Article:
Land and Cultural Survival: The Communal Rights of Indigenous Peoples in Asia
Development in Asia faces a crucial issue: the right of indigenous peoples to build a better life while protecting their ancestral lands and cultural identity.
An intimate relationship with land expressed in communal ownership has shaped and sustained these cultures over time. But now, public and private enterprises encroach upon indigenous peoples' traditional domains, extracting minerals and timber, and building dams and roads. Displaced in the name of progress, indigenous peoples find their identities diminished, their livelihoods gone.
Using case studies from Cambodia, India, Malaysia, and the Philippines, nine experts examine vulnerabilities and opportunities of indigenous peoples. Debunking the notion of tradition as an obstacle to modernization, they find that those who keep control of their communal lands are the ones most able to adapt.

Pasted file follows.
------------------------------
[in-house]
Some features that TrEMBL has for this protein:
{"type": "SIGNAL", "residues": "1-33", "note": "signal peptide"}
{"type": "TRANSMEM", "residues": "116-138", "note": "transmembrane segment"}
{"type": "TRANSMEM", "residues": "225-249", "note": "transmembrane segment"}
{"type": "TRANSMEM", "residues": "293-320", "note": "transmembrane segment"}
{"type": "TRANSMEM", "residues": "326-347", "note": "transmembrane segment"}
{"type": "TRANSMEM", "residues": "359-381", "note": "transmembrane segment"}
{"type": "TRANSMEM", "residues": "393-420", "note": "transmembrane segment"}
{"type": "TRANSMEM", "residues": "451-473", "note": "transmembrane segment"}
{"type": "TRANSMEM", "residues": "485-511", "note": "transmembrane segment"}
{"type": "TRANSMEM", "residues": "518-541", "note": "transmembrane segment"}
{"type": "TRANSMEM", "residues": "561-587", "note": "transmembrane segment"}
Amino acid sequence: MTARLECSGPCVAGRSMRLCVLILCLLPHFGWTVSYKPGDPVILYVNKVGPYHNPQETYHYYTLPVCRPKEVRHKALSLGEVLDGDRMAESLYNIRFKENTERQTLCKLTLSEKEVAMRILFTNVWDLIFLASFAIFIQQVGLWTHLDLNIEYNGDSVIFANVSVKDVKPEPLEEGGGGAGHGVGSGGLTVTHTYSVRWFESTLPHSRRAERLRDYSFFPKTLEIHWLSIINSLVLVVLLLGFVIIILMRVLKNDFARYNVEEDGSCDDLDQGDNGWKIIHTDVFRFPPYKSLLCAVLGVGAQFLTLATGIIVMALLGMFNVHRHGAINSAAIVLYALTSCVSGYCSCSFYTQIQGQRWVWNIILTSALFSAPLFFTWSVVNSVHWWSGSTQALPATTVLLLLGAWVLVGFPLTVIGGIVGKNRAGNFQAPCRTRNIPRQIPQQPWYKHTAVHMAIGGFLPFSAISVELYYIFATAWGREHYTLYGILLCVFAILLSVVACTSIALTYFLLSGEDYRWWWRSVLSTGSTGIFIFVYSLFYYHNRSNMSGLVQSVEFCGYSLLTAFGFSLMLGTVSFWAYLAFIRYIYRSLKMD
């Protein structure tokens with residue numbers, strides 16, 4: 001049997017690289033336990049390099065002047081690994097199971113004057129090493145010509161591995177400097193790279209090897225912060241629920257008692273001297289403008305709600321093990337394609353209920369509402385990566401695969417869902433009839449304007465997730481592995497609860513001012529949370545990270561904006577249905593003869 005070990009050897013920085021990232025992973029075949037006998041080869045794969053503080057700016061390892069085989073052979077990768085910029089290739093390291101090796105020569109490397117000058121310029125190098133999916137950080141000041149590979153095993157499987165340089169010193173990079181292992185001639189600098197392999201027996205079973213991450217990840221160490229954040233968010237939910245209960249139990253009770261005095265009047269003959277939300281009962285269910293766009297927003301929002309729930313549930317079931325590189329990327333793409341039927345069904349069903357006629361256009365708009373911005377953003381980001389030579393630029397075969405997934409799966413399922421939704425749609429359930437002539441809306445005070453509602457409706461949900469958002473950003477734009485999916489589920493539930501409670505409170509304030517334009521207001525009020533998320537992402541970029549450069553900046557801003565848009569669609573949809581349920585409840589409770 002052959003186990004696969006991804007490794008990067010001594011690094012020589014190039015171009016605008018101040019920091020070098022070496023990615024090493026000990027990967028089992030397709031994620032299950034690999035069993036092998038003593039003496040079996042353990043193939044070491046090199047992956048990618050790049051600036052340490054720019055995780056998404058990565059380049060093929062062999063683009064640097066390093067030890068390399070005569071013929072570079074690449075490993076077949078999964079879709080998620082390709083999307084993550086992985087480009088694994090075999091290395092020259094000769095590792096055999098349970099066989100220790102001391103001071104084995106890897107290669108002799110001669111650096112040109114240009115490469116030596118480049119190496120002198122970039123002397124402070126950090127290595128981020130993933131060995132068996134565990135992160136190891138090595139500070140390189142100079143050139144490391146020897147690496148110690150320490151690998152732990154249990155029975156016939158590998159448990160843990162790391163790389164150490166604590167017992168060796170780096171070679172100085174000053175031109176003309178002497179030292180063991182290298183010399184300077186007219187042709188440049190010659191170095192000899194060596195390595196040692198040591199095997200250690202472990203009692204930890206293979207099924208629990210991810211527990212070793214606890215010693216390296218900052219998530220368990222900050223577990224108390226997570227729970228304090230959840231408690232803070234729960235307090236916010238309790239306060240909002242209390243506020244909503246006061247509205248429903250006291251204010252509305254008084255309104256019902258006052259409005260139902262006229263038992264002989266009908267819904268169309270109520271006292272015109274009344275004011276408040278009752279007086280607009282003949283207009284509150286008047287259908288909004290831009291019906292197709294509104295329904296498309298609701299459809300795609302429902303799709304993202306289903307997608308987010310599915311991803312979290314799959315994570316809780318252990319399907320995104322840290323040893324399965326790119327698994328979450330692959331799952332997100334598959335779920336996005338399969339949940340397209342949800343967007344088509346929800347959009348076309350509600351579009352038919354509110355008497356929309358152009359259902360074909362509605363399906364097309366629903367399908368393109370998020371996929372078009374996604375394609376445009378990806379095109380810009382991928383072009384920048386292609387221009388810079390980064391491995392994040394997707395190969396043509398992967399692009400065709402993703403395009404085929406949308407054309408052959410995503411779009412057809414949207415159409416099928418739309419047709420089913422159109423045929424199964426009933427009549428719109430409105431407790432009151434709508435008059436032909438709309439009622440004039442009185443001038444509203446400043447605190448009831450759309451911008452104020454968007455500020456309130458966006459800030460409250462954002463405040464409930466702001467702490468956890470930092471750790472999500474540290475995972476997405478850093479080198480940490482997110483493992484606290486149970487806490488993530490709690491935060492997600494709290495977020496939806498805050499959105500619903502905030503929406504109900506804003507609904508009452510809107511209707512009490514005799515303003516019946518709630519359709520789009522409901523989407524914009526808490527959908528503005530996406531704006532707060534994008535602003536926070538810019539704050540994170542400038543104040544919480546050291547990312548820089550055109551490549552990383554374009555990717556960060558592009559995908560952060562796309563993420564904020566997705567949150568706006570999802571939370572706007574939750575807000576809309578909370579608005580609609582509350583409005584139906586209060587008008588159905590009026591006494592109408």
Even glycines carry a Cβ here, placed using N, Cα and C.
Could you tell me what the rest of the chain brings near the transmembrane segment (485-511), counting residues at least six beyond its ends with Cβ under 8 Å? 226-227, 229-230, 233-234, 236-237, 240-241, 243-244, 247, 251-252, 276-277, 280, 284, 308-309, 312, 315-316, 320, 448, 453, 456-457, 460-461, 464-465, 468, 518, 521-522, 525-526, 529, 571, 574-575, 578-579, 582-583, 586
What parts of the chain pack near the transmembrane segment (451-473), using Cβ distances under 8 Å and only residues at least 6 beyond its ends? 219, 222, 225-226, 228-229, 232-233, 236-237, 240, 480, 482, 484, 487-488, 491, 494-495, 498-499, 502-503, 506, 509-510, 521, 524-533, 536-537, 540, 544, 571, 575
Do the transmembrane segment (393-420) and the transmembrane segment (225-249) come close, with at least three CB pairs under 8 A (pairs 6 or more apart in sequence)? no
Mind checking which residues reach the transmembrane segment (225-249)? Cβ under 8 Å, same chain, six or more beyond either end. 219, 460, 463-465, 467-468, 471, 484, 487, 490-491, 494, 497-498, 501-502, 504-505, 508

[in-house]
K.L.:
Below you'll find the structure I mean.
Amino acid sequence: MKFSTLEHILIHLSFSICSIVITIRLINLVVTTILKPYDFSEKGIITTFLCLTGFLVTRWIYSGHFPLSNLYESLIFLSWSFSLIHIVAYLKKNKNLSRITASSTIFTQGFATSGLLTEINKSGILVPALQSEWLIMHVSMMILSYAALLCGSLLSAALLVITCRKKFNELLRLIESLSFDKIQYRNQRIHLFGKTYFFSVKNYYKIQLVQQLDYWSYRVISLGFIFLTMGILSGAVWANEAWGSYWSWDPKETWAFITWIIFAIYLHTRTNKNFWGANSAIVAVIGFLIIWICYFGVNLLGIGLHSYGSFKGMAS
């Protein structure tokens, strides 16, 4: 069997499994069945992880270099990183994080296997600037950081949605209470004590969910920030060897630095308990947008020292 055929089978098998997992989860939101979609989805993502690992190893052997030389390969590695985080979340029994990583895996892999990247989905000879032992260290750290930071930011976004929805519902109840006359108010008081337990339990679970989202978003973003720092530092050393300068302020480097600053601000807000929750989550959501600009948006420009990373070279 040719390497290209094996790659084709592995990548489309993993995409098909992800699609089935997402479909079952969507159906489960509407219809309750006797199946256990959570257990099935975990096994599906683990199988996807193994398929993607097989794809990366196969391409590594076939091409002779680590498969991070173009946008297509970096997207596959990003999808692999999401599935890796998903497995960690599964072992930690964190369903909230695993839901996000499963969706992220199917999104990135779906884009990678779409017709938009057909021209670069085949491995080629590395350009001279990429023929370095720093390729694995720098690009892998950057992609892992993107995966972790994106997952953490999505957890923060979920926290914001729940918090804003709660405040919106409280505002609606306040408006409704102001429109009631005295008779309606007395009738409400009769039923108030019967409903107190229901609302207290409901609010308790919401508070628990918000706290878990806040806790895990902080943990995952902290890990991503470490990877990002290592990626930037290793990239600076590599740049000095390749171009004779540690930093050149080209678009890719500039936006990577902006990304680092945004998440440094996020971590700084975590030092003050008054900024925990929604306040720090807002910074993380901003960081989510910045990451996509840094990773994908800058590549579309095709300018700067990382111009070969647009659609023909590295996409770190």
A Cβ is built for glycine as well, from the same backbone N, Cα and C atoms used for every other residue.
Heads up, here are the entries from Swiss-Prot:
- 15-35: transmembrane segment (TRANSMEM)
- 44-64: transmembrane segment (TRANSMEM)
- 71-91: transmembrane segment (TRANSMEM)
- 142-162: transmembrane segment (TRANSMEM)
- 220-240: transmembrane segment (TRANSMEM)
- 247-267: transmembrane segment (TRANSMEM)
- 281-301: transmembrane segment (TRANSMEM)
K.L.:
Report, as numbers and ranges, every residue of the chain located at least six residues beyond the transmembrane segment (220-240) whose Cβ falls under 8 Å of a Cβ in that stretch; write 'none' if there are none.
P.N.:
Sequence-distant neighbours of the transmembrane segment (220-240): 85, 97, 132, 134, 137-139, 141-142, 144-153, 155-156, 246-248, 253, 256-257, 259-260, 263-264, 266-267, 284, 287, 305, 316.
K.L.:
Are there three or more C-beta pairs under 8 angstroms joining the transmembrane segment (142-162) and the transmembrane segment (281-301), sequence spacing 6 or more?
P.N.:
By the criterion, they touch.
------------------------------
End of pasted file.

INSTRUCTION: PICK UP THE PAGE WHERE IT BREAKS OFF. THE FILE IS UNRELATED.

- International Law and Indigenous Peoples' Rights
- Communal Land Management in the Cordillera Region of the Philippines
- Law Reforms and Recognition of Indigenous Peoples' Communal Rights in Cambodia
- Access to Natural Resources: Case Studies of Cambodian Hill Tribes
- Land Development Policies and the Impoverishment of Indigenous Peoples in Sarawak, Malaysia
- Tribal Land Issues in India: Communal Management, Rights, and Displacement
- Indigenous Peoples' Forest Tenure in India
- Scheduled Tribes and Other Traditional Forest Dwellers (Recognition of Forest Rights) Act 2006: A Charter of Forest Dwellers' Rights?